Wolverine in Utah Is Captured and Gets GPS Collar Before Being Released Back Into the Wild

Wolverine is being examined by biologists as the Utah Division of Wildlife Services.
Utah Division of Wildlife Services

Biologists are calling it a “once-in-a-lifetime” event, Utah Division of Wildlife Resources (DWR) said.

A wolverine is now wandering the Utah mountains with a GPS collar around its neck after it was captured and released back into the wild. 

The capture is being called a “once-in-a-lifetime” event, by biologists at the Utah Division of Wildlife Resources (DWR), according to DWR’s website

The wolverine was first sighted on March 10, when USDA-Wildlife Services conducting livestock protection work was flying over Rich County, Utah, and saw an animal feeding on a dead sheep. Once they got closer, they noticed it was a wolverine.

According to officials, the dead sheep had been one of 18 sheep the wolverine had killed.

A DWR biologist and a trapper from the Utah Department of Agriculture set up three traps using part of a sheep carcass, in hopes of trapping the wolverine.

The day after the traps were set the wolverine was caught.

A remarkable feat since it would be the first wolverine ever captured by biologists in Utah, the DWR wrote on their site. It was also the eighth confirmed wolverine sighting in Utah since 1979.

"It's amazing to get a chance to see a wolverine in the wild, let alone catch one,” DWR Northern Region Wildlife manager Jim Christensen said. "This was a once-in-a-lifetime experience."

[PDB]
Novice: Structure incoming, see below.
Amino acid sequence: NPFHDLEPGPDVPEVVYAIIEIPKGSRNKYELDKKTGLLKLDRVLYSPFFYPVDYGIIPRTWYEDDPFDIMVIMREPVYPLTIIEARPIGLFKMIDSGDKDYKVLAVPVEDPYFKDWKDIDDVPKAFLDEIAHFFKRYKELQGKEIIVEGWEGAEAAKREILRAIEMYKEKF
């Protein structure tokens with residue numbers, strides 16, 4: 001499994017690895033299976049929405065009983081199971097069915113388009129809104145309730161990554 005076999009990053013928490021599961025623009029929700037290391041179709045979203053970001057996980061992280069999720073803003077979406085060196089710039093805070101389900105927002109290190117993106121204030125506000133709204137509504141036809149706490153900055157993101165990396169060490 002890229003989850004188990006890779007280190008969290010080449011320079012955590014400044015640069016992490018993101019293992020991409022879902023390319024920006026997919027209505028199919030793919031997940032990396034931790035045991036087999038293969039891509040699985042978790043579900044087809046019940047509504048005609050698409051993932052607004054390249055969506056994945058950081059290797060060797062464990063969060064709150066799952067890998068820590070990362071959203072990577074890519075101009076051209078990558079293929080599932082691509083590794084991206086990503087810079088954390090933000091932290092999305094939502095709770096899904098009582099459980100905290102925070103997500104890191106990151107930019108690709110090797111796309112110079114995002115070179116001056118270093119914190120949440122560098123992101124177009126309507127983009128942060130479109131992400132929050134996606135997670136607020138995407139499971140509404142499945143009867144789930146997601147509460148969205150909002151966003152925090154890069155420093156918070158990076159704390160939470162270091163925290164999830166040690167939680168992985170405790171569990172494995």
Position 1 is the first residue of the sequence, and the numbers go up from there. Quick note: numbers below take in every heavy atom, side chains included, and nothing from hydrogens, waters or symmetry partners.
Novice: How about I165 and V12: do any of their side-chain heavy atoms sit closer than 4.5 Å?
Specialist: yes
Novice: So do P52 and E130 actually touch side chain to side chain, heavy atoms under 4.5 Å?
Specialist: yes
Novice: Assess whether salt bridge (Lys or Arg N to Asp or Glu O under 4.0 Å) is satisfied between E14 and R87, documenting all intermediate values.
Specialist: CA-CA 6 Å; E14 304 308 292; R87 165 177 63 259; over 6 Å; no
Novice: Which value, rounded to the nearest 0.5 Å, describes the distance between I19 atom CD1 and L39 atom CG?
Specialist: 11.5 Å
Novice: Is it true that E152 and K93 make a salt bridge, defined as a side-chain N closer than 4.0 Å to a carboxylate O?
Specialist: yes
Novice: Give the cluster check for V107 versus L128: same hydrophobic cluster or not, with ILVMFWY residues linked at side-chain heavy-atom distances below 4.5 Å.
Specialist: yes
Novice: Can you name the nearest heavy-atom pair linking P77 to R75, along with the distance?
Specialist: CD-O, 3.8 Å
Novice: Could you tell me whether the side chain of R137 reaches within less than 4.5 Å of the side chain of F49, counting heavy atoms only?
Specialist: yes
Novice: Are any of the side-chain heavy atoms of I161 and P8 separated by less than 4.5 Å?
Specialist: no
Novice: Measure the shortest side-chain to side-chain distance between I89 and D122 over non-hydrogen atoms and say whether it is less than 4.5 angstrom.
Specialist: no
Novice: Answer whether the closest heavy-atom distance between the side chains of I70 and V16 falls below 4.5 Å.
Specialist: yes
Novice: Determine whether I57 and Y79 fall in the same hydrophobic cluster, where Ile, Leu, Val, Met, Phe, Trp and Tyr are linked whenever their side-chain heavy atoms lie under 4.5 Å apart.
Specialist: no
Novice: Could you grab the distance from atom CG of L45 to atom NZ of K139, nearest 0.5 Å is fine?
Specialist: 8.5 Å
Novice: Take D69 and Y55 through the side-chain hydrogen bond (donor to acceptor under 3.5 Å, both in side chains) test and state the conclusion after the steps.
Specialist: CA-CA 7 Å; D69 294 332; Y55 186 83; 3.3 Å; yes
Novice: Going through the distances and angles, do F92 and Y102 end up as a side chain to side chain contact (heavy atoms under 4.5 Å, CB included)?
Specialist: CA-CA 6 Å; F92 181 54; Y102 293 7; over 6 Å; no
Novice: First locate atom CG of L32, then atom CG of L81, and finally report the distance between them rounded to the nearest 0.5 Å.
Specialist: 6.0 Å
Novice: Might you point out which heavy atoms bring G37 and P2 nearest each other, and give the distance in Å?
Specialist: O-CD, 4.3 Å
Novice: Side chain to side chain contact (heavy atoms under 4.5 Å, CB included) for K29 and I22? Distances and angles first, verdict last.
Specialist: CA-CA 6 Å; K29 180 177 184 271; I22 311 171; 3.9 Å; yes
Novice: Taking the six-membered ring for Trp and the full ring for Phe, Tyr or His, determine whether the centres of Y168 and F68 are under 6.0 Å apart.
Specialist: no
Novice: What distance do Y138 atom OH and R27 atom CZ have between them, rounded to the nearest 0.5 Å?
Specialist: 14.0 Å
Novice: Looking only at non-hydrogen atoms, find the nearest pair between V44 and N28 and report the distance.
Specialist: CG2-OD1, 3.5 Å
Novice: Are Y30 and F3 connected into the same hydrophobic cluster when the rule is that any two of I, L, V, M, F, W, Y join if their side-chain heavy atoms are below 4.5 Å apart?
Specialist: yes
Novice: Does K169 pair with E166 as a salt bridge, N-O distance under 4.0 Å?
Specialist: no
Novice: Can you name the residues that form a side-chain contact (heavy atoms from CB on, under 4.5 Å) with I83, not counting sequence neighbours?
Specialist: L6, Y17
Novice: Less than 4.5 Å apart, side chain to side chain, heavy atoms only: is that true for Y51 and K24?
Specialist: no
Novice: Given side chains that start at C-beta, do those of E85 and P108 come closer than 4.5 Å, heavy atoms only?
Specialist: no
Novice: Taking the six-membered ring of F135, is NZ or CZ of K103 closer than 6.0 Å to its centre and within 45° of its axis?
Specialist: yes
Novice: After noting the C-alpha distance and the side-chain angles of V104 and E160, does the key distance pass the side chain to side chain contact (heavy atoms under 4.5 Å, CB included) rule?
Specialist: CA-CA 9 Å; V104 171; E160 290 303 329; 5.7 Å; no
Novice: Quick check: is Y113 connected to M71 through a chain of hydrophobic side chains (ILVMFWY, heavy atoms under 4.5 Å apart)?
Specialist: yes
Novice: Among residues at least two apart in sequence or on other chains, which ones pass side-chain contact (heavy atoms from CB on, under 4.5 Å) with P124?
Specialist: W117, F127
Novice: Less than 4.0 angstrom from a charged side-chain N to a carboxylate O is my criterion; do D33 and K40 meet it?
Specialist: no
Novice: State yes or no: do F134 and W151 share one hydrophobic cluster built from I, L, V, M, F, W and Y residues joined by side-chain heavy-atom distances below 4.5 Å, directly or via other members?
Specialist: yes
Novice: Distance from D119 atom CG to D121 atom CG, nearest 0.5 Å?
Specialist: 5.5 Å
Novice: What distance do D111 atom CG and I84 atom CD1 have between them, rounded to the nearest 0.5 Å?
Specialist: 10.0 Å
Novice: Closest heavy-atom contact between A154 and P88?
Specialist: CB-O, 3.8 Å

Wildlife officials sedated the animal once it was back at DWR’s Ogden office. During the exam, they were able to determine that the wolverine was between 3-4 years old, weighed about 28 pounds, and was approximately 41 inches long. And, according to Christensen, the wolverine had "good, sharp teeth."

When the sedation wore off, and the GPS collar was placed on the animal's neck, biologists transported the wolverine to the North Slope of the Uinta Mountains and set him free.

The GPS tracker will provide information on when the wolverine travels, the size of its home range, and the type of habitat it uses at different times of the year, the site said.

”Having a collar on this wolverine will teach us things about wolverines in Utah that would be impossible to learn any other way," Christensen said, calling this research "priceless."

Four different wolverine sightings were confirmed in Utah in 2021, he said. 

“Were we seeing the same animal or different animals last year? Christensen asked. "Having a collar on this animal will help us solve that riddle."

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